A Question For Lacanians

When Jacques-Alain Miller was a philosophy student at L’Ecole Normale Superieure, Althusser told him to read “all of Lacan,” so he did. Then, one day when Lacan was visiting the school, Miller asked him a now-‘famous’ question that supposedly revealed the key to Lacan’s psychoanalysis, and the two from then on entered into an understanding which was to last all their lives. Miller’s question was: “Does your notion of the subject imply an ontology?” (via)

Another account of the exchange (which includes Lacan’s answer), located here, is:

The ontological concerns of the Cahiers pour l’Analyse themselves are prefigured in a key moment in Jacques Lacan’s seminar in the spring of 1964, when Jacques-Alain Miller asked Lacan if his theory of the subject, grounded in an account of lack and its structuring function of the unconscious, presupposed an ontology. In the seminar, Lacan answered this question with the suggestion that the constitutive gap of the unconscious was essentially ‘pre-ontological’. The Cahiers pursue Miller’s original question along multiple lines, identifying points of contact between Lacan’s theory of subjectivity and the ontological concerns to be found in recent and contemporary developments in logic and the sciences.

As far as I can tell, there are two possible interpretations of the word ‘ontology’ in Miller’s question. Ontology can mean ‘study of being’, or more rarely can mean ‘diegesis’ (fictional ‘world’), though I’m not sure if the latter is still true in the French. In the former case, it would seem that Miller is asking “Does your notion of the subject imply that your work is a study of being?” In the latter case, he would be asking if the ego (which is an imaginary construction) subsists in a distinct diegesis (i.e. a plane of reality separate from everyday existence).

Even after hearing Cahiers pour l’Analyse‘s account, I still do not understand the question (nor how Lacan’s answer can be correct). My question to Lacanians, then, is: what does Miller mean, what does Lacan’s answer mean in relation to Miller’s question, and what are the broad implications of this question?

(Note: the above exchange can be found in The Four Fundamental Concepts of Psychoanalysis.)

Trying to Get Immanence Out of a (Philosopher’s) Stone: Archetypes, Sociobiology, Harry Potter, and the UK Riots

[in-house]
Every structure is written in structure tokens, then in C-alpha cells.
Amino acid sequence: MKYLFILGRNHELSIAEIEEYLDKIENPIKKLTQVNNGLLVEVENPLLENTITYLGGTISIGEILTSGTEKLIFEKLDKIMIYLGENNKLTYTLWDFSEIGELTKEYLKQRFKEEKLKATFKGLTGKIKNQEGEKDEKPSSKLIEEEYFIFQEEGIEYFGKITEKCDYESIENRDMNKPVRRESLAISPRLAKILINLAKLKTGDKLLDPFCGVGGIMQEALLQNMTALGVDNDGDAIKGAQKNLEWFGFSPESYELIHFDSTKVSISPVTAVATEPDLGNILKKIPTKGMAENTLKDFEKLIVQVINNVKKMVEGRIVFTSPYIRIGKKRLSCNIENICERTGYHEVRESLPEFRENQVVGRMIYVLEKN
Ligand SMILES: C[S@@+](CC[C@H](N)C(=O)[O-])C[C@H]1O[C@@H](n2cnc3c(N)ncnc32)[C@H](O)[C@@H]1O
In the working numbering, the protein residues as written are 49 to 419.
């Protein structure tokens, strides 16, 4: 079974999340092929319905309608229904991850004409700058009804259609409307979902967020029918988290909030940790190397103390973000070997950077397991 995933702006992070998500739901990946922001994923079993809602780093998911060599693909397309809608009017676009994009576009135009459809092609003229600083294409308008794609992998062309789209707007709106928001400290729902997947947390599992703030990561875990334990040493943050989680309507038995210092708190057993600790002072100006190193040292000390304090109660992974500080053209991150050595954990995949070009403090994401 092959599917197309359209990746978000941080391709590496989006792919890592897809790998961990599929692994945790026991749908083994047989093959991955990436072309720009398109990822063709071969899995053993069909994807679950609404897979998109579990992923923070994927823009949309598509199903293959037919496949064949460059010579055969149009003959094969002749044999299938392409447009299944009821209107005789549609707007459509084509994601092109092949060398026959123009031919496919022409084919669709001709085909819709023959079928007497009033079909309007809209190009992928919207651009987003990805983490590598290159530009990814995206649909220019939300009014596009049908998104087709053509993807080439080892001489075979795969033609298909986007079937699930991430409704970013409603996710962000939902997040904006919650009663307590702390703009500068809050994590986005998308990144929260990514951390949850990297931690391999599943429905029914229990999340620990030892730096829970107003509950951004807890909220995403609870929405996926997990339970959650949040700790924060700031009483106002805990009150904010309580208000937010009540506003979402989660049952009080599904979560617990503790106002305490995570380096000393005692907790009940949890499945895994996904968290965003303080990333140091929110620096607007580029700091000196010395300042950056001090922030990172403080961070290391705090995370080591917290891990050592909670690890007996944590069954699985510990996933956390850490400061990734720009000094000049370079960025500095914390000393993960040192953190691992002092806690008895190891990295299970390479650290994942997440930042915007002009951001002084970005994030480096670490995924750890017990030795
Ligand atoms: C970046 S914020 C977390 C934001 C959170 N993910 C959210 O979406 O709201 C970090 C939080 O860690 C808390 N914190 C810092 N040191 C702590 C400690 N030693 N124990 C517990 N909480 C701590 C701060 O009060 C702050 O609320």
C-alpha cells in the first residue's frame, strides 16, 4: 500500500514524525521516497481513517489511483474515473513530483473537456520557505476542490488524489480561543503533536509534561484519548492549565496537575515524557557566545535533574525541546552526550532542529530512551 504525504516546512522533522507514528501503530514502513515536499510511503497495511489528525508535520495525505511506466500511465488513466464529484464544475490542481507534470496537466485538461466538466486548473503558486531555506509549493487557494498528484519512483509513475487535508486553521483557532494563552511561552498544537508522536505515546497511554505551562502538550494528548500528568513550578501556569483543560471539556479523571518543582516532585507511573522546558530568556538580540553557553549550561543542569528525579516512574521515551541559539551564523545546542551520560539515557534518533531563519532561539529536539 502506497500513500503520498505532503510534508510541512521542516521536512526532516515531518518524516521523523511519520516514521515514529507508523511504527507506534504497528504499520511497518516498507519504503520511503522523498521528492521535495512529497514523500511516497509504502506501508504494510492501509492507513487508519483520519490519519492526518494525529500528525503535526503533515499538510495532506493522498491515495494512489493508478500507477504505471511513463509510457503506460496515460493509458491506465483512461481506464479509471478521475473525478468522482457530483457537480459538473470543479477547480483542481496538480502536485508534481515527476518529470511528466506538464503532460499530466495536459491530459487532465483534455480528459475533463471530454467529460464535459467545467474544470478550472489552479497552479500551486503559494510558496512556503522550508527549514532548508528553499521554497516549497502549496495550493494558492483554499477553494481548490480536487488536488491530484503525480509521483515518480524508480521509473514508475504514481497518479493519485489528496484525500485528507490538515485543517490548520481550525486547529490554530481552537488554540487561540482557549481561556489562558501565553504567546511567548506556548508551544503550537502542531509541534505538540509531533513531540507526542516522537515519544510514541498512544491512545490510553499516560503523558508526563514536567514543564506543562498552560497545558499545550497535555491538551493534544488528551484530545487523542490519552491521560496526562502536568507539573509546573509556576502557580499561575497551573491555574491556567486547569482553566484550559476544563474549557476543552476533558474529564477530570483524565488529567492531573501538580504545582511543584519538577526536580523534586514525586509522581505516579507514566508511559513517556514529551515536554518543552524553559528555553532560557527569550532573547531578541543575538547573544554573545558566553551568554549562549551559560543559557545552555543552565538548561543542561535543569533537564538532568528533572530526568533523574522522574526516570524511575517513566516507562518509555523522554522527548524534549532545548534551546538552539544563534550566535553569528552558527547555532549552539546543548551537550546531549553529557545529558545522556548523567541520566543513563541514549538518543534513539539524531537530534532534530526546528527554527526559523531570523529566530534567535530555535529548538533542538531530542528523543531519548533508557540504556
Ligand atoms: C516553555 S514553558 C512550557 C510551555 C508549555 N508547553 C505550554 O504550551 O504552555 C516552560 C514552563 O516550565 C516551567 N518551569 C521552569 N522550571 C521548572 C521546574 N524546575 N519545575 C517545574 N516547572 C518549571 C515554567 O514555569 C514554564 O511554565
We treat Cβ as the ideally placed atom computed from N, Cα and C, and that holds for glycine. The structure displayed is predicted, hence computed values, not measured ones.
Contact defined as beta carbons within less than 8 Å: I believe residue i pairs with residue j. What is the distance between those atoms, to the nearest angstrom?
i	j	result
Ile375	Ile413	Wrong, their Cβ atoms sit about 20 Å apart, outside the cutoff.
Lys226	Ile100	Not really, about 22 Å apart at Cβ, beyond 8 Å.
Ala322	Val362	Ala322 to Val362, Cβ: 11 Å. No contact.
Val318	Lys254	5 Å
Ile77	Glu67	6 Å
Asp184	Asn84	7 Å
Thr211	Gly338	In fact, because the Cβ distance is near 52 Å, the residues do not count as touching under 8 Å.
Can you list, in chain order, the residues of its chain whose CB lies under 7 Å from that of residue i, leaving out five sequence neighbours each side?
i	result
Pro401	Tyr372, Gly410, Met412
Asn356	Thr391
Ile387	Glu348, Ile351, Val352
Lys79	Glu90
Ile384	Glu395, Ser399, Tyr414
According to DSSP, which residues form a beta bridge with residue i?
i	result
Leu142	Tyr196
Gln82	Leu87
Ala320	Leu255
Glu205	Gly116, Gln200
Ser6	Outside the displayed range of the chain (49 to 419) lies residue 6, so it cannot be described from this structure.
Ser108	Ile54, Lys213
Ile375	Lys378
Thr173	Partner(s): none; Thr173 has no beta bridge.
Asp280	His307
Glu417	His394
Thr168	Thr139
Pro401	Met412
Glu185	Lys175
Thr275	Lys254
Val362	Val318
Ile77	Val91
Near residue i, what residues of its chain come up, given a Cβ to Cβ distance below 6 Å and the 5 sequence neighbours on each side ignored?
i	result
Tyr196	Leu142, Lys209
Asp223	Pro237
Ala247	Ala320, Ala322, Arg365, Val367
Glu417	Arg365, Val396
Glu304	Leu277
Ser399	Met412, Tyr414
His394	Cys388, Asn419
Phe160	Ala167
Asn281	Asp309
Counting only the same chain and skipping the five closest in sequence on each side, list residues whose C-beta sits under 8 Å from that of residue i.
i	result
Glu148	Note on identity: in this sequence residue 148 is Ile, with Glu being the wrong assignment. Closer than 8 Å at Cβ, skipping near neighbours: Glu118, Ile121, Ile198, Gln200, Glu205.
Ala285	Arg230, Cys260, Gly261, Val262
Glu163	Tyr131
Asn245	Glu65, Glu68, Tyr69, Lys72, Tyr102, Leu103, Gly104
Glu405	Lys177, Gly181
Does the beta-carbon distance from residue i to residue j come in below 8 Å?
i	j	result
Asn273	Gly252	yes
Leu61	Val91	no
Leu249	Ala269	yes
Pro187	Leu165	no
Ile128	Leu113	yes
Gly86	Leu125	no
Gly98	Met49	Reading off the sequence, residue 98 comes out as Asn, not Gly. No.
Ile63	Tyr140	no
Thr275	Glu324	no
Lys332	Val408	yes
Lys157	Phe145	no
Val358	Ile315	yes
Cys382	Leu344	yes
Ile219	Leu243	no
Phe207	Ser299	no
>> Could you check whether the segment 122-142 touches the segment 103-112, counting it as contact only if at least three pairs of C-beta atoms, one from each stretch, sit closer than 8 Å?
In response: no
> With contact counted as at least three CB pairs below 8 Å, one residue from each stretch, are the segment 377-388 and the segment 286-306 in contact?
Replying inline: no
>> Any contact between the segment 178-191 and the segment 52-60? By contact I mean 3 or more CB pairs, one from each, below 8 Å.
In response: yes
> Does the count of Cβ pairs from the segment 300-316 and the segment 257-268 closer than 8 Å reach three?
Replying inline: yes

Click the picture for a more detailed explanation of the notion of signifier/signified.

[To make the parallel of Harry Potter & the Tottenham riots seem less farfetched, see here.]

There are a number of popular (i.e. non-academic) intellectual movements whose objective is to find an immanent basis for the meaning of signifiers. One such example is Jungian archetypes, which states that various symbols are innate in the human mind, and thus that symbols are “universally recognizable.” As well, the sociobiology of Desmond Morris seeks to ground social phenomena in biological instinct (once again, innate), e.g. he ascribes the tradition of women coloring their lips red to the fact that when a woman becomes aroused, her lips become engorged with blood, appearing fuller and redder; thus lipstick is a display of availability for mating, just as is the peacock displaying its feathers. A third, more contemporary instance of this tendency can be found in the Harry Potter series. In Hogwarts, students of witchcraft & wizardry are taught combinations of signifiers (e.g. a “swish & flick” of one’s wand combined with the words “Wingardium Leviosa” pronounced in a specific way) which are somehow inherently connected to their magical function. There is no talk of ‘inventing’ spells; presumably experimental wizards merely spout out Latin-sounding words in hopes that they’ll bring a result connected to their etymology. This essay will outline the three views described above; show how meaning is in fact not immanent, but for the most part purely arbitrary; and show how this immanent treatment of signifiers resonates within the UK riots, perhaps to the point of precluding any significant cultural change.

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A Brief History of the Real, or, Laruelle’s Niche: Ontological Reification

[Note: After actually reading Laruelle, I disavow everything written in this post. It completely misses Laruelle’s point, and I’m only leaving this post up to let it serve as a bad example.]

The responses by An Und Für Sich to Graham Harman’s review of Laruelle have reminded me of an old argument I had against his ‘Non-Philosophy’. My argument centres around a single aspect of Non-Philosophy―namely, the notion of ‘The One’―largely because my exposure to Laruelle has been limited to Anthony Paul Smith’s “Introduction to Non-Philosophy” (notes) and Alexander Galloway’s “François Laruelle, or The Secret.” Nevertheless, I feel that it adequately situates Laruelle within the tradition of Continental philosophy; to make it more accessible, however, I will preface it with in-depth background information.